- Be legally qualified, if elected, to hold the office under federal and state law; AND
- Have filed and met all requirements to be on the ballot according to Maryland’s election laws AND
- Demonstrate significant voter interest and support by:
- Having received 15% of public support in a statewide public opinion poll conducted by a daily newspaper or other nonpartisan organization; OR
- If no such poll exists:
- Provide multiple examples of campaign coverage by at least two major media sources in different geographical areas of the state AND
- Demonstrate that a formal campaign is being conducted by the existence of campaign headquarters and staff or an active website.
Ask yourself ----why would an organization wanting to strengthen voting make these guidelines especially when media is only covering a corporate view? The same question could be asked as to why an organization wanting to strengthen Democratic elections not even mention Trans Pacific Trade Pact? This one policy seeks to end citizens rights to legislate and participate in public policy and indeed Maryland excludes in this way the most.
You have to poll and/or have media coverage in order to be eligible for forum participation. Cindy Walsh was never listed on any of the polls that did occur. I was the 70% undecided early in the primary! The media in Maryland non-partisan? Labor and justice candidates were completely excluded from all. I met all the criteria above except the media and polling. WHY IS IT NOT GOOD ENOUGH TO SIMPLY BE A LEGALLY QUALIFIED CANDIDATE? It was for the Republican candidates for Governor of Maryland as many of them never met these MLWV guidelines throughout the primary and were in all forums and debates. DISCRIMINATING BECAUSE OF PLATFORM!
Look at the definition of neo-con----the group controlling the Republican Party and think neo-liberals----global markets/corporations/Trans Pacific Trade Pact---the group controlling the Democratic Party. THEY ARE THE SAME. So, I understand Maryland is a conservative state ---but even the Republican voters in Maryland don't vote for neo-cons. When you promote US global markets you promote worldwide intervention for those markets---military and development/political actions losing trillions of dollars to domestic economy every year. This is why Clinton/Bush/Obama and Erhlich/O'Malley are the same pols.
The term "neoconservative" refers to those who made the ideological journey from the anti-Stalinist left to the camp of American conservatism. Neoconservatives frequently advocate the "assertive" promotion of democracy and promotion of "American national interest" in international affairs including by means of military force. The movement had its intellectual roots in the Jewish monthly review magazine Commentary. C. Bradley Thompson, a professor at Clemson University, claims that most influential neoconservatives refer explicitly to the theoretical ideas in the philosophy of Leo Strauss (1899–1973)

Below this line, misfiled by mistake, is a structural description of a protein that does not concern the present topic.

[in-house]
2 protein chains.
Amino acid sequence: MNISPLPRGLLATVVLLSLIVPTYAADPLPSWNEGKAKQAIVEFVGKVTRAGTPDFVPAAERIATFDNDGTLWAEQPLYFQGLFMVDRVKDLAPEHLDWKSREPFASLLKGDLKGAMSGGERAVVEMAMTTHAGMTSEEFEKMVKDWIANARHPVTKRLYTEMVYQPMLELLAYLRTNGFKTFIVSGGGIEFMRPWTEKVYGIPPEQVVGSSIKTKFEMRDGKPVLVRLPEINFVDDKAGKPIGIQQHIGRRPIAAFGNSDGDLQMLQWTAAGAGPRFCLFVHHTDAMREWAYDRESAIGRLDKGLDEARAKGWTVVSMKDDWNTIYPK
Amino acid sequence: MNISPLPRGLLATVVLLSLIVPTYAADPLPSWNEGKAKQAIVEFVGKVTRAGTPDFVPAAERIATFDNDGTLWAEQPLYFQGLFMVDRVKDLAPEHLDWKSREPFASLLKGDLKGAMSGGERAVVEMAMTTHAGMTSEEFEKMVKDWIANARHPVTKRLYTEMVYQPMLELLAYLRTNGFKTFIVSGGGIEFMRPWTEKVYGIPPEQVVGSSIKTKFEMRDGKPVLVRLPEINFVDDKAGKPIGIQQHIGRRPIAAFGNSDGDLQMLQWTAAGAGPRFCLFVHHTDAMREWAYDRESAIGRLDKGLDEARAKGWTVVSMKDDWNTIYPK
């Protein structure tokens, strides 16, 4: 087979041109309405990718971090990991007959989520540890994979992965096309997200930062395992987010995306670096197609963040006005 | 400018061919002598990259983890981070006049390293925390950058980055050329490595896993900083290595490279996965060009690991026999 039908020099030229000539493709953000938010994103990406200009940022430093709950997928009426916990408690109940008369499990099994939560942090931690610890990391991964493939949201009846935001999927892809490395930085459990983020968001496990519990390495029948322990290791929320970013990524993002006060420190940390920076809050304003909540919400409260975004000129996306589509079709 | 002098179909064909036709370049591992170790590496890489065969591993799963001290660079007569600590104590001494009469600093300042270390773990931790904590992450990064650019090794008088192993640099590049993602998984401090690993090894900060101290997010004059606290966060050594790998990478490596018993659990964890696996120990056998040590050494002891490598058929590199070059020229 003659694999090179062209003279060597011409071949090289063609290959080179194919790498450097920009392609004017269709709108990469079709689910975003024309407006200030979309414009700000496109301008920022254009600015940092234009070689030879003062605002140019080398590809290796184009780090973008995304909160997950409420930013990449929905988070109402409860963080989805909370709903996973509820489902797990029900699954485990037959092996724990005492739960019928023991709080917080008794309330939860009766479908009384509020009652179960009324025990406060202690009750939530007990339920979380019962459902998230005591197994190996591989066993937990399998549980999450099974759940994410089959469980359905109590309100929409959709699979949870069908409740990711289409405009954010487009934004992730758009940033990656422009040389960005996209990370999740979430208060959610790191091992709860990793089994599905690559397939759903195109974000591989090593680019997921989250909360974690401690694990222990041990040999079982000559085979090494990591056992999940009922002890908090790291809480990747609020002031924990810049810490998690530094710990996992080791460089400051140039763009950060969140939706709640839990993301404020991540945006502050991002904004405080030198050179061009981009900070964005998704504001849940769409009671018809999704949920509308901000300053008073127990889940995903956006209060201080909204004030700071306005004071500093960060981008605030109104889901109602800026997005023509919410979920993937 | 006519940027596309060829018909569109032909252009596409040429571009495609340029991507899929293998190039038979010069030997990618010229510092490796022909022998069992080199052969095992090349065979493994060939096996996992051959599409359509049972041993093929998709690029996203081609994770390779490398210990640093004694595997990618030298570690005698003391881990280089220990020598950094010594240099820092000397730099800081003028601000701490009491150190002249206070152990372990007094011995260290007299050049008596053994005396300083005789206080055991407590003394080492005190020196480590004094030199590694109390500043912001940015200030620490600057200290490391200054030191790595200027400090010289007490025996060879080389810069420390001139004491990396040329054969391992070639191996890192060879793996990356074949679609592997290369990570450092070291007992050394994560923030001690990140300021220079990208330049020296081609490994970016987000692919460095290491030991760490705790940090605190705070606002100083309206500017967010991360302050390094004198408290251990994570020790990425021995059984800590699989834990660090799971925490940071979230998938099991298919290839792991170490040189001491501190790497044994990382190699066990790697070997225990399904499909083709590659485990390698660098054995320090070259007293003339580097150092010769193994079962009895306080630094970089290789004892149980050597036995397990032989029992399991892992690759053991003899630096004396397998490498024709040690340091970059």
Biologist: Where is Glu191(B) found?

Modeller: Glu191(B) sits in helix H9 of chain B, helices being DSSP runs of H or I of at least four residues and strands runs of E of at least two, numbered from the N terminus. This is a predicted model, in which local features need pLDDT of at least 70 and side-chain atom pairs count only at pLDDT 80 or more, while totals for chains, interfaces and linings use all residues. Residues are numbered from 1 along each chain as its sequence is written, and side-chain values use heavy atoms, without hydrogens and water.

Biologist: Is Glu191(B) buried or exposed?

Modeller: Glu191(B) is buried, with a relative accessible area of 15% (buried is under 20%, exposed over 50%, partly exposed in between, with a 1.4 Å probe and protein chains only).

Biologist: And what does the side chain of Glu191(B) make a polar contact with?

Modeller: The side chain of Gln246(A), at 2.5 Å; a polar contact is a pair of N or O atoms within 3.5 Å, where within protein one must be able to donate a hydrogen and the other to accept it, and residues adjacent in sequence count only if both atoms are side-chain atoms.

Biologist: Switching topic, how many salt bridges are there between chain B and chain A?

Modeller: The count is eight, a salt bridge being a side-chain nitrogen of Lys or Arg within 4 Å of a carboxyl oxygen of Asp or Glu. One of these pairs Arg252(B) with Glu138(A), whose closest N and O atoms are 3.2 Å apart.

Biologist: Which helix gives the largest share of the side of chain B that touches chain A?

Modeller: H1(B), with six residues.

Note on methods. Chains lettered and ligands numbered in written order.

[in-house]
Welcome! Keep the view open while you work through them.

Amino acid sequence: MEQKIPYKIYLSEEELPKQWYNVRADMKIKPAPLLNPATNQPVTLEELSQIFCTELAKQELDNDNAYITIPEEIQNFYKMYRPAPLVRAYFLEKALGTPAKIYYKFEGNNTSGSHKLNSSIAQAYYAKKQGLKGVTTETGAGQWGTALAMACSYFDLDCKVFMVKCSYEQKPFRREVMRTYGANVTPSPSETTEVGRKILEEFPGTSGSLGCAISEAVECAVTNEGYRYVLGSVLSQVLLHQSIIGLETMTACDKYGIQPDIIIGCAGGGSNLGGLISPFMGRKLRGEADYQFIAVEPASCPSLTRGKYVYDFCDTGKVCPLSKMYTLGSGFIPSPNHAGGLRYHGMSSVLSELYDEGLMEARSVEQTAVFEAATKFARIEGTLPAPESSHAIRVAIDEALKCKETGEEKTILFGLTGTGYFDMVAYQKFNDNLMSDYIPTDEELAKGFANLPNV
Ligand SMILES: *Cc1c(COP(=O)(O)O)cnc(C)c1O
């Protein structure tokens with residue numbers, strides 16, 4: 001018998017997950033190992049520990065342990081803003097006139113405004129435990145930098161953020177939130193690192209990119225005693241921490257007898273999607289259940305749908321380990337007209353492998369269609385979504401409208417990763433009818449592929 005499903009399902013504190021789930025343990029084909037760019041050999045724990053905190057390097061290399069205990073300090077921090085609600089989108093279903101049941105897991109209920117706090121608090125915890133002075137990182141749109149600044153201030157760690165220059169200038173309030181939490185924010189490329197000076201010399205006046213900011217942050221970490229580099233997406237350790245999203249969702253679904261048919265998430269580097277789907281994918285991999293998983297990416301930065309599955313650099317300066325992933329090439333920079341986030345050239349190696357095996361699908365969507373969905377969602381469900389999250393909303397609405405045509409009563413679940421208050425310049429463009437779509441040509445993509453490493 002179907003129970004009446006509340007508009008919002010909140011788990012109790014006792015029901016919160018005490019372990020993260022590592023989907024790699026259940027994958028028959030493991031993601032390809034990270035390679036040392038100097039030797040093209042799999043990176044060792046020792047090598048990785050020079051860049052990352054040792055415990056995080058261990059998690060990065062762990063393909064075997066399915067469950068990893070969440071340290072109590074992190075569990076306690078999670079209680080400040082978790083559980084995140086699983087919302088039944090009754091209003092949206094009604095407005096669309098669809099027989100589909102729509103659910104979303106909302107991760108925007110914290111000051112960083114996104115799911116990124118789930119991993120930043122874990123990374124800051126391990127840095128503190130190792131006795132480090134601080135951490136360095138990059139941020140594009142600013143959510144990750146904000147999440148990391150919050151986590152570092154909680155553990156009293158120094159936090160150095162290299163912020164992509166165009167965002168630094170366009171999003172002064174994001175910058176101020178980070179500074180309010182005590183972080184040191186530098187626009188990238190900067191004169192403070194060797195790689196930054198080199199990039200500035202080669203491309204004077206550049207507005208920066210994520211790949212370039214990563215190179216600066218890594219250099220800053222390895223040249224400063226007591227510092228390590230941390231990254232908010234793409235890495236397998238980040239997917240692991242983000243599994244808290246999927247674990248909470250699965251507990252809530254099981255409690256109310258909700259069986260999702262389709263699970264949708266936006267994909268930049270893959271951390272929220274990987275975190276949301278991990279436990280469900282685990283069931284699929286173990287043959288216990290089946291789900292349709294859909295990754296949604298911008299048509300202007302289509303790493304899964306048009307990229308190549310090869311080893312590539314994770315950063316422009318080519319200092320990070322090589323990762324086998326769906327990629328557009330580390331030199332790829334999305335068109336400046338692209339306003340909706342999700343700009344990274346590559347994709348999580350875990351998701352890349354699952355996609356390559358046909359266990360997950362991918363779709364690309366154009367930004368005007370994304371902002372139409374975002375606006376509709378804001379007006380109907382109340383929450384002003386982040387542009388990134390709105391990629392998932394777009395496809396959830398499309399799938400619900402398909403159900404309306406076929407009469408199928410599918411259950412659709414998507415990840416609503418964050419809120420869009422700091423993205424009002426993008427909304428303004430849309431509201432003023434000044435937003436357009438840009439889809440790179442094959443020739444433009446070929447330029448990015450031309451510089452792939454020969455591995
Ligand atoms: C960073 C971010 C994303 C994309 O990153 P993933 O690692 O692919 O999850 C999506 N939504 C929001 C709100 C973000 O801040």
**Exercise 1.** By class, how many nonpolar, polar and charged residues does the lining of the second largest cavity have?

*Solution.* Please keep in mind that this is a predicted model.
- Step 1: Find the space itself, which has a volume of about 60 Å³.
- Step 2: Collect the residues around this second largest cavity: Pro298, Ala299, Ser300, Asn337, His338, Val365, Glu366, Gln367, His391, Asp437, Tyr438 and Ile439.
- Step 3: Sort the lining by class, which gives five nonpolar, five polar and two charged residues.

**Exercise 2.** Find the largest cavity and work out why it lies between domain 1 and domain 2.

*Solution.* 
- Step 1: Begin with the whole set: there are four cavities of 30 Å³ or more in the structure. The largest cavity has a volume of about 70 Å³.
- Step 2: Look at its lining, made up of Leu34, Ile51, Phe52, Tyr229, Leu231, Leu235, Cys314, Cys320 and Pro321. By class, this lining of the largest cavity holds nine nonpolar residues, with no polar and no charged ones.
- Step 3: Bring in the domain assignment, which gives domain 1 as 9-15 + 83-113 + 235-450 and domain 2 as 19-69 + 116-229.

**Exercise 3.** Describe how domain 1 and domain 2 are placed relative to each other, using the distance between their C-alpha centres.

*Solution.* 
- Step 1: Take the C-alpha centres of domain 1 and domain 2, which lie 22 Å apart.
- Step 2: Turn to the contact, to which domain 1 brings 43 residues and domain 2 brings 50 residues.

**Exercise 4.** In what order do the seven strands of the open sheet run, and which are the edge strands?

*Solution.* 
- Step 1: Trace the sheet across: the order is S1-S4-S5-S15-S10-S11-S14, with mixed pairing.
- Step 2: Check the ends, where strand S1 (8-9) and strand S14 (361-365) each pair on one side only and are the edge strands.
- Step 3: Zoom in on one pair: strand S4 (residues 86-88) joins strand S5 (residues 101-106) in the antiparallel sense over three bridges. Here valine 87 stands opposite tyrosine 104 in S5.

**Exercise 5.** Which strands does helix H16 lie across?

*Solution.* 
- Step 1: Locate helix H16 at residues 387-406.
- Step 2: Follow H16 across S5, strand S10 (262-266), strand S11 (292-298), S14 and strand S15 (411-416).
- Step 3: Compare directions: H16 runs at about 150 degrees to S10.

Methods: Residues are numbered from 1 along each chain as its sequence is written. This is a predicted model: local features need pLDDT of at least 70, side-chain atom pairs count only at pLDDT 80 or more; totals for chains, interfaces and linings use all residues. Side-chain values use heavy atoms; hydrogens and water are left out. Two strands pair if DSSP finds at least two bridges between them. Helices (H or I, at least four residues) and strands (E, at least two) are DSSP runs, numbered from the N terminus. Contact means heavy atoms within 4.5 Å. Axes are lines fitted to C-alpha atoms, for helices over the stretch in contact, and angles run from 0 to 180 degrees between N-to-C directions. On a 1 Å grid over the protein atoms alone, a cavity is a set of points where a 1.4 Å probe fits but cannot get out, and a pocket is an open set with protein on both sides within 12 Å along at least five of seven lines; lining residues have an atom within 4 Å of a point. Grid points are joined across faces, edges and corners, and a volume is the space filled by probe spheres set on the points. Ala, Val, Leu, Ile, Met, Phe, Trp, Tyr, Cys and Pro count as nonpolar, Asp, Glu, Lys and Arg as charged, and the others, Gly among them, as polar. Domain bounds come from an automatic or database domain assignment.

So while the neo-cons build global military and security corporations to protect US global corporations, neo-liberals/neo-cons dismantle all public structures and hand government to corporations----giving us this widespread fraud and corruption. IT'S A TAG TEAM.
In a dramatic act of defiance against neoliberal globalization, South Korean farmer and former president of the Korean Advanced Farmers Federation Lee Kyung-hae committed suicide by stabbing himself in the heart during a meeting of the WTO in Cancun, Mexico. Prior to his death he expressed his concerns in broken English:
My warning goes out to the all citizens that human beings are in an endangered situation that uncontrolled multinational corporations and a small number of bit WTO members officials are leading an undesirable globalization of inhuman, environment-distorting, farmer-killing, and undemocratic. It should be stopped immediately otherwise the failed logic of the neo-liberalism will perish the diversities of agriculture and disastrously to all human being.
Now, I look on the Maryland League of Women Voter's website for this kind of Democratic instruction-----the most valid to voters and especially women voters
-----AND NOT A WORD---ONLY PROMOTION OF THESE VERY NEO-CONS AND NEO-LIBERALS.
Nations around the world have known this neo-liberal/neo-con dynamic and have fought it for decades but Americans do not because organizations like MLWV are silent and captured.
WHY FIGHT FOR THE RIGHT TO VOTE AT THE POLL IF THE AMERICAN PEOPLE HAVE LOST THE ABILITY TO RUN CANDIDATES THAT ARE NOT THE SAME GLOBAL CORPORATE POLS? 'JUST DON'T VOTE' THEY SAY!
The people who lose out in any march to third world autocratic society are women and children. Women in the US fought hard for the right to vote and run for office. It makes no difference whether you can come to the poll if all the candidates being offered are working for global corporations killing our democracy!
THIS IS THE ORGANIZATION THAT WOULD BE SHOUTING OF THE DAMAGE BEING DONE BY CURRENT POLITICIANS.